An Old Fashioned Wedding
There are a lot of things that strike me as absurd these days.
Since we last spoke, we had the controversy over the Broadway show Kinky Boots in the Macy’s Thanksgiving Day Parade. There was outrage because drag queens were to perform. Really? When it comes to Broadway why aren’t the complaining cretins upset by the child abuse dealt out by Miss Hannigan in Annie or Fagin teaching kids to steal in Oliver? And why is it okay to celebrate a murderer who slits throats and his sidekick who bakes the bodies into meat pies in Sweeny Todd? Seriously, all these drag queens do is save a straight man’s shoe business. Puleeze.
And of course there was the brain trust from Duck Dynasty. When asked about LGBT issues who didn’t expect Mr. Duck to spout hateful bullpucky? Frankly, somebody looking as nasty and sounding as stupid as that guy spouting off against gays makes us look like angels. They should have avoided the backlash by keeping him on the air to continue to make a dumbo of himself.
And then there’s the whole falling of dominoes in the marriage equality map. What’s absurd is the hostile response over something that is now so inevitable. Save your energy, bigots, you lost this one. In a big way.
In fact, as that fabulous old queen Noel Coward sang in 1932, “I went to the most mahvelous party!” recently.
It was a wedding of two young male friends and blew my mind in so many ways.
Frankly, since marriage equality swept Delaware, Maryland, and environs, I’ve been to a lot of weddings, including one of my own. And all of them have been the coupling of old poops like us, together for decades and finally permitted to make it legal. Not that the events haven’t been gorgeous, with loving families, white tablecloths, and champagne toasts. They have. And it’s been glorious.
But there’s something about attending a wedding where the two grooms are of the traditional young marriageable age, at a wedding with all the pomp and circumstance of the big weddings we used to lust after. Or at least wish we had the legal right to emulate, if not the actual desire to go out in a hail of rice or birdseed as is now the environmentally friendly tradition.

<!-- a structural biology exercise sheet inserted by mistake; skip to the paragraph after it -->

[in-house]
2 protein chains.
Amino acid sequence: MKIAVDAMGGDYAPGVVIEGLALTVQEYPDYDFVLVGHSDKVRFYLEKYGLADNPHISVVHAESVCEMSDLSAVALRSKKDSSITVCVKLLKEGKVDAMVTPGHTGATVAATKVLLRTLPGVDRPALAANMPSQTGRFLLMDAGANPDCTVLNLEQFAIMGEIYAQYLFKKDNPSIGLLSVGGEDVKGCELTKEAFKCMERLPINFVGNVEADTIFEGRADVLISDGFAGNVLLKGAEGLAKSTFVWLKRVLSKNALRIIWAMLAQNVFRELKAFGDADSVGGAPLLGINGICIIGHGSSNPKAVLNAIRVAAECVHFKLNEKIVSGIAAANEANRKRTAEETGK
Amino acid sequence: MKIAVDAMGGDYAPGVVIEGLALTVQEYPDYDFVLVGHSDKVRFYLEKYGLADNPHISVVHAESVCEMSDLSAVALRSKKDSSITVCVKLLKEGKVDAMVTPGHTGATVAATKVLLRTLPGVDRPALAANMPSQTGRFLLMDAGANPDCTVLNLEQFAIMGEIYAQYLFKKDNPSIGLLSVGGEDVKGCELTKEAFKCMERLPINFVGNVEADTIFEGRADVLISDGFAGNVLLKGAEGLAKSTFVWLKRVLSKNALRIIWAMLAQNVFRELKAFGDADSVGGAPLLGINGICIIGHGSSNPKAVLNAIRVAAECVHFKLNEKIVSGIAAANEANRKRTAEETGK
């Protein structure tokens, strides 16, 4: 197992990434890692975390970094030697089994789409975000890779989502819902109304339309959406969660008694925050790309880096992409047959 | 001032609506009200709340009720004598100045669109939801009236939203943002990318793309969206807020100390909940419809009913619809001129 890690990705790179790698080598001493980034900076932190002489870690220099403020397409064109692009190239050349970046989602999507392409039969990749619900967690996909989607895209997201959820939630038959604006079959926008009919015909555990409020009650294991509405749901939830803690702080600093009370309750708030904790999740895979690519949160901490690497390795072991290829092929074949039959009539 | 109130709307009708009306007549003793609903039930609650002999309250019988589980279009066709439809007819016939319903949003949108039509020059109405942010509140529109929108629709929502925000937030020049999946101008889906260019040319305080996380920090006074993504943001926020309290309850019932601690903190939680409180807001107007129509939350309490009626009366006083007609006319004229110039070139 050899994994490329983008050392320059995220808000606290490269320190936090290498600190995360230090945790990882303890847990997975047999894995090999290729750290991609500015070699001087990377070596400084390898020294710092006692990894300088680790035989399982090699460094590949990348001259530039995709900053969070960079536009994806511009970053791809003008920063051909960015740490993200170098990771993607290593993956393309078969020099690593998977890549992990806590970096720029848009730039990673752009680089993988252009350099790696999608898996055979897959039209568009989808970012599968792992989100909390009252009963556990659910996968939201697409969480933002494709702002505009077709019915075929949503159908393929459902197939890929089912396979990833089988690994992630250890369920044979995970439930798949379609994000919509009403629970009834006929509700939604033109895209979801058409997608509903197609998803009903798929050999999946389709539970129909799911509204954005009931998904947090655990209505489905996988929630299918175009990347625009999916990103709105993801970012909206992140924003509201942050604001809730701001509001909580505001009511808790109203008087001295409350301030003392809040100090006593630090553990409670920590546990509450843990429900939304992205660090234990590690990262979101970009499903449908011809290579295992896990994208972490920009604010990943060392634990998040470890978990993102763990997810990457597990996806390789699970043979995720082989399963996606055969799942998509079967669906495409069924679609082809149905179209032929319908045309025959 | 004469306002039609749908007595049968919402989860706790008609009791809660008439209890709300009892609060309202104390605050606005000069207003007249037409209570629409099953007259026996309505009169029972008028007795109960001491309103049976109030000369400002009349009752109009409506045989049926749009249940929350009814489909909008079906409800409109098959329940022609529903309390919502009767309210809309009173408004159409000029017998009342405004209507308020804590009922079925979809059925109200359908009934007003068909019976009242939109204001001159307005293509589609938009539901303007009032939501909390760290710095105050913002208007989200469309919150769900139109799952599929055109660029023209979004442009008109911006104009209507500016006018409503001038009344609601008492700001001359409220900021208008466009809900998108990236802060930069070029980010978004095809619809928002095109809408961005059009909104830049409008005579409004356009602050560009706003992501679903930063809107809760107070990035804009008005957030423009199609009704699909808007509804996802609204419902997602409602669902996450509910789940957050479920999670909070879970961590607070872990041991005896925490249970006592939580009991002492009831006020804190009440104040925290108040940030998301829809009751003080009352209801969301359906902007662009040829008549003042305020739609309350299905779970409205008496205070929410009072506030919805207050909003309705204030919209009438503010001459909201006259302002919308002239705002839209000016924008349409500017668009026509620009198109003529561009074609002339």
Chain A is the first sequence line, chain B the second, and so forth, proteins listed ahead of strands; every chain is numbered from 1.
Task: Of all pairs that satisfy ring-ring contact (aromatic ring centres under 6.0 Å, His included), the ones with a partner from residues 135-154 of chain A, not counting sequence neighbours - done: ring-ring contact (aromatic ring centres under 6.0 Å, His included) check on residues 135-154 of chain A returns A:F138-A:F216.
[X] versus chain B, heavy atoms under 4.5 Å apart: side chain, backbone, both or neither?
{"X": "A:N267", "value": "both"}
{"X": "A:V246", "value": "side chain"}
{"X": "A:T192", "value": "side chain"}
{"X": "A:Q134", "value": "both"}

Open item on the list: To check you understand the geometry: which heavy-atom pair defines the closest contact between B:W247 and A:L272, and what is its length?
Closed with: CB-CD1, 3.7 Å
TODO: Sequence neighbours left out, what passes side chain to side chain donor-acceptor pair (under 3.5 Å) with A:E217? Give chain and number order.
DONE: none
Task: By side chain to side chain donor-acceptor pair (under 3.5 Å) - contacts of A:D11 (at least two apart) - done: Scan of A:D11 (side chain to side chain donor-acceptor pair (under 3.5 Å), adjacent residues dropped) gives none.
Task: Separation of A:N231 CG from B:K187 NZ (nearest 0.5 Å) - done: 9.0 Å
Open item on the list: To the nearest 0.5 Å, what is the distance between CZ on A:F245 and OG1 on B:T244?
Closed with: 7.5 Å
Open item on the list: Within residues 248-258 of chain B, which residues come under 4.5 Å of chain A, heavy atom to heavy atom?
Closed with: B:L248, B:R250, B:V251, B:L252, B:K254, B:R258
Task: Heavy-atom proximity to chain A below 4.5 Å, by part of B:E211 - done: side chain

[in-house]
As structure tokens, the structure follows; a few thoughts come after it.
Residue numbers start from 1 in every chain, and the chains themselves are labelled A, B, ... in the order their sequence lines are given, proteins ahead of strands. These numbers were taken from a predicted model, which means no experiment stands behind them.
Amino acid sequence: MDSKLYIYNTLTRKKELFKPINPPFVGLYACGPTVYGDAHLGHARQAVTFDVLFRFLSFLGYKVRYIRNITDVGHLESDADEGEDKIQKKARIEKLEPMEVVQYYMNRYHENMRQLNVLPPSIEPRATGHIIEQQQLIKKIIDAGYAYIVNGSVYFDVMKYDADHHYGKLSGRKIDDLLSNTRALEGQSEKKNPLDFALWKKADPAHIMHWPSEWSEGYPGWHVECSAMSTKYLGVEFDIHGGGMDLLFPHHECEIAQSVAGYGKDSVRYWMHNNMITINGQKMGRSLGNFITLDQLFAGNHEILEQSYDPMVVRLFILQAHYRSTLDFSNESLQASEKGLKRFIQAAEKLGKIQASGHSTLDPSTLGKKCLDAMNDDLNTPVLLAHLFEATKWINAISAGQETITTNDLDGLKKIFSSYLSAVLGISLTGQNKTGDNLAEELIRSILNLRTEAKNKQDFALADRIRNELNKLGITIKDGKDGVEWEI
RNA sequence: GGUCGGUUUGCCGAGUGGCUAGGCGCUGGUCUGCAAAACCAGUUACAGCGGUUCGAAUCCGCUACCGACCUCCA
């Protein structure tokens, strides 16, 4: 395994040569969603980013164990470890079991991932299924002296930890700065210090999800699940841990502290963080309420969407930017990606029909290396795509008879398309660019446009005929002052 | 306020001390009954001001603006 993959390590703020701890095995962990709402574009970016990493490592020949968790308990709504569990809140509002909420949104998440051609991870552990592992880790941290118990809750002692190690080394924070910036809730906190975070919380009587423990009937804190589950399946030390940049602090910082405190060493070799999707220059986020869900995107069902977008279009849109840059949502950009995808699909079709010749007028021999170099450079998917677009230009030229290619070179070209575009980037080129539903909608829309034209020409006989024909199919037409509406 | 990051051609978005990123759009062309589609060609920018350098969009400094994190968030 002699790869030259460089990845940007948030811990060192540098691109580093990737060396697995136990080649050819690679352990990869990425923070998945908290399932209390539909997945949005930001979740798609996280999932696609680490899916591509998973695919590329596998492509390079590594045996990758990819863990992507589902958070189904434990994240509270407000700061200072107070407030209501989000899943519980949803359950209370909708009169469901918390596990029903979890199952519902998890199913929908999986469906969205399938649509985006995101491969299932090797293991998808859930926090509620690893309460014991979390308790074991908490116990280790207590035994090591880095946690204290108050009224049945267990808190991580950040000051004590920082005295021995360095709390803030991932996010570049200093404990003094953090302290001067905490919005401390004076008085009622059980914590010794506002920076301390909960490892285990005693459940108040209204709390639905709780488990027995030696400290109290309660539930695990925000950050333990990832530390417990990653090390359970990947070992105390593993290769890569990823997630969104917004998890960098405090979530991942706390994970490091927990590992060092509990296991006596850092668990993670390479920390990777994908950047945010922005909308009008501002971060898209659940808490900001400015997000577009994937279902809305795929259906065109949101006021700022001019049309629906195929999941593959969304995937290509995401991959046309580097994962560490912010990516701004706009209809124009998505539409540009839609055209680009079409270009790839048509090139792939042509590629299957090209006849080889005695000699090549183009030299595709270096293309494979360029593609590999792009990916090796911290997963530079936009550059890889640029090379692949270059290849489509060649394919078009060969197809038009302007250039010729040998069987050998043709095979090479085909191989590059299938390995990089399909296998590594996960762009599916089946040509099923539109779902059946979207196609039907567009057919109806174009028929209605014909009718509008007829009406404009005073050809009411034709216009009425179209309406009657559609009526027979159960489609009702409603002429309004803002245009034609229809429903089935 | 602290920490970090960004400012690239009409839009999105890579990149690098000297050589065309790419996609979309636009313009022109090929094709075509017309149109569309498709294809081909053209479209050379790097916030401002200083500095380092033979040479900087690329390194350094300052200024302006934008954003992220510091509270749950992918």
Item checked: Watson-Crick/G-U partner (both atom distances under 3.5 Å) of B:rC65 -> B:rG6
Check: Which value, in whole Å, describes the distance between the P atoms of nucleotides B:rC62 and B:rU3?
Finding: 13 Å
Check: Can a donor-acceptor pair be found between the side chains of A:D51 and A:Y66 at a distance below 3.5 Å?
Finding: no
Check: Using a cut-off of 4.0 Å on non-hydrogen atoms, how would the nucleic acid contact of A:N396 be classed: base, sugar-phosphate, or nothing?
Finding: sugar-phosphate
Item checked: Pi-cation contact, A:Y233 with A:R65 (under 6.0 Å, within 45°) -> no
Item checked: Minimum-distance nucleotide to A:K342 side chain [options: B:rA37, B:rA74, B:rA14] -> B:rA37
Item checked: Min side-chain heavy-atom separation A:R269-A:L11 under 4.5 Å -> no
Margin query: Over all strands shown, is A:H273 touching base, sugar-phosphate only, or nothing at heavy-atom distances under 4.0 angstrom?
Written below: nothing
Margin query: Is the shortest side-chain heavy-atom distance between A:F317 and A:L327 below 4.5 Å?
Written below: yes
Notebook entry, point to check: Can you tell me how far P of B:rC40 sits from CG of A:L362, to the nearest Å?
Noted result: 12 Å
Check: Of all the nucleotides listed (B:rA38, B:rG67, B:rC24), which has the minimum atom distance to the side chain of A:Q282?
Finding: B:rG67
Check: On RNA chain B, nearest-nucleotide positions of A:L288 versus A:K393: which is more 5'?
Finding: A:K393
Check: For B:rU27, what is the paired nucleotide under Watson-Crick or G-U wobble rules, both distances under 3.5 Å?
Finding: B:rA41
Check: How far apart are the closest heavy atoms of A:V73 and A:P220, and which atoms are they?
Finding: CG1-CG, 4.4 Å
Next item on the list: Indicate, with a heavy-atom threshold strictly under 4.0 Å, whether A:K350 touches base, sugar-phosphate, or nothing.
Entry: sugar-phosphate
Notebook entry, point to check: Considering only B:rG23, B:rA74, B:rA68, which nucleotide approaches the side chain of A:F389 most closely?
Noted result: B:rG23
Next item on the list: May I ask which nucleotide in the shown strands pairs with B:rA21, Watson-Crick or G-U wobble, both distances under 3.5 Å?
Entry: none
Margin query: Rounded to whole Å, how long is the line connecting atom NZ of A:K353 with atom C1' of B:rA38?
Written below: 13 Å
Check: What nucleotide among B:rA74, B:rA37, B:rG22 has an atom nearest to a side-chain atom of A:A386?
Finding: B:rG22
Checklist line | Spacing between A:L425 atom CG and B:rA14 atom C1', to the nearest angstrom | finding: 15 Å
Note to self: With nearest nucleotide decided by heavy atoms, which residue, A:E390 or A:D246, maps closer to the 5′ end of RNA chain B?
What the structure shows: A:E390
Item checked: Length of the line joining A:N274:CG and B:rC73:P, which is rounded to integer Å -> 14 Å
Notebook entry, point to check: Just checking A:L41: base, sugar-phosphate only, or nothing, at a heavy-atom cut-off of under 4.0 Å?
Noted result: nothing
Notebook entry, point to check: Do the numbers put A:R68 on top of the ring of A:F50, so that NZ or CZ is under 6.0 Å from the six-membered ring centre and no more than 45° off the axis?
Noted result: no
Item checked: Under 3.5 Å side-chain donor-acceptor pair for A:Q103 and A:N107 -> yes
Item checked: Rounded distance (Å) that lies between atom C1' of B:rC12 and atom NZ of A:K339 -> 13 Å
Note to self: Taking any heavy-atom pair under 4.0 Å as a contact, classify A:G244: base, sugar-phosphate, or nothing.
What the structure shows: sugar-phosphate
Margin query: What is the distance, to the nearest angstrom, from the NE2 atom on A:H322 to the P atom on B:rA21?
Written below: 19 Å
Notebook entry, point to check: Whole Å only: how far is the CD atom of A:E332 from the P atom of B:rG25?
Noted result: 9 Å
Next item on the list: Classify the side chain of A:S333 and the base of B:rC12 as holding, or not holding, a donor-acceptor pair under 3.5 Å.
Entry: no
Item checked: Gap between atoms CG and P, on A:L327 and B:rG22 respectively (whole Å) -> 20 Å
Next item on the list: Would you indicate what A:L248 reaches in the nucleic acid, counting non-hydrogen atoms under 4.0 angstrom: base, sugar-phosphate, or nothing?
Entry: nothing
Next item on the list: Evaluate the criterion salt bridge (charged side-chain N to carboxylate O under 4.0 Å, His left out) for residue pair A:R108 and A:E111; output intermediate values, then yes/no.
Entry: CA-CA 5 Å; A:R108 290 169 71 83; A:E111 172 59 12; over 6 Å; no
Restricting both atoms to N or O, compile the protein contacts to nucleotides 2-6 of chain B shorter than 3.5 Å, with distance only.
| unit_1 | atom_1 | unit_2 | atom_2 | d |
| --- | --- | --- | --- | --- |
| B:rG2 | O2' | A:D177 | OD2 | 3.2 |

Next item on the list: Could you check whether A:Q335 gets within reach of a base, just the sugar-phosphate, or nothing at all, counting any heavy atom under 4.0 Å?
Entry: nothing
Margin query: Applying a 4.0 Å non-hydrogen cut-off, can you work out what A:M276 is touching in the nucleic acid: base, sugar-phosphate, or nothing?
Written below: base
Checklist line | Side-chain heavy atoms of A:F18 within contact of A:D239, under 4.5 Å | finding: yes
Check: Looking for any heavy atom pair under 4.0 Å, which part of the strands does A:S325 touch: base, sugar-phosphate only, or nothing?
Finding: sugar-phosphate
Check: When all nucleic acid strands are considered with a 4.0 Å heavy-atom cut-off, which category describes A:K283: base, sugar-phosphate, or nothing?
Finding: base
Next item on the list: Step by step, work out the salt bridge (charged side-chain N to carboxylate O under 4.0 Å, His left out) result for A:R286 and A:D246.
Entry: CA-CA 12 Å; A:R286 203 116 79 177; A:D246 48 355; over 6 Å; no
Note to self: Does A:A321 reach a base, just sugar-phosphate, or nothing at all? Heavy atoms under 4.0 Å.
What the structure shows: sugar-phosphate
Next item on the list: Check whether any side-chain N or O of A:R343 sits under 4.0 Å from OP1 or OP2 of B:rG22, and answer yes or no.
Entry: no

Here was a wedding of two wonderful young men, with a gaggle of groomsmen assisting the groomsmaids with their make-up and rearranging the angles of their corsages. Turnabout certainly is fair play as one groomsman hastily re-hemmed a groomsmaid’s dress and insisted I wear eyeliner.
There was a Gayd of Honor, a wedding planner and a stage manager, a serenade by members of the Gay Men’s Chorus of Washington prior to the ceremony and a drag queen MC at the reception. Yes, if it’s worth doing, it’s worth overdoing and this wedding was spectacular.
For me, this was a very special event. I had been asked by one of the grooms to be a stand-in for his Mom who would not attend. She missed an amazing chance to escort her handsome son and watch, with enormous pride, as he married his soul mate.
For his part, the soul mate invited his parents, hailing from the South. They were in full attendance and did not blink once. Not when the marriage officiate pronounced them groom and groom and they kissed, not each time silverware tapped crystal at the reception and the grooms were required to kiss some more, and certainly not during their first dance to the iconic Endless Love. Cheers to them.
Following the requisite professional picture-taking (I think it’s safe to say that as the mother of the groom, I may have been the butchest one in the wedding party) we got the celebration going.
This reception was as different as it was the same. Unlike some straight weddings, here, when the DJ played Dancing Queen the song was never more appropriate. And to see the dance floor swamped by men with only a spattering of women in the crowd struck an unusual chord as well.
First came “The Electric Slide” led by a gaggle of guys, followed by “It’s Raining Men,” complete with synchronized choreography. The only time the dance floor emptied was for “YMCA,” as if to say “That old thing!” to the number generally marking the only dance floor filler at many straight weddings.
The oft-played dance floor version of musical chairs became Musical Cher’s at this wedding, with the guests rushing for seats to Cher’s recordings.
During the toasts, the straight best friend of one of the grooms provided some warm and wonderful words, while the other groom’s best friend provided a moving, tear-inducing story.
And, since the wedding was held on Veteran’s Day, with one groom having served our country prior to Don’t Ask, Don’t Tell being lifted, the event was even more moving.
From the rhinestones affixed to seating cards to the cake cutting antics this was a traditional wedding. When the grooms left the reception by limo amid soap-bubble blowing well-wishers, this wedding was a shoo-in for the phrase The More Things Change, the More they Remain the Same.
This wedding looked like 2013 America. And nothing that Kinky Boots haters or dirty duck callers can say can take away the glee.
Fay Jacobs is the author of As I Lay Frying—a Rehoboth Beach Memoir; Fried & True—Tales from Rehoboth Beach, For Frying Out Loud—Rehoboth Beach Diaries, and her newest book Time Fries—Aging Gracelessly in Rehoboth Beach.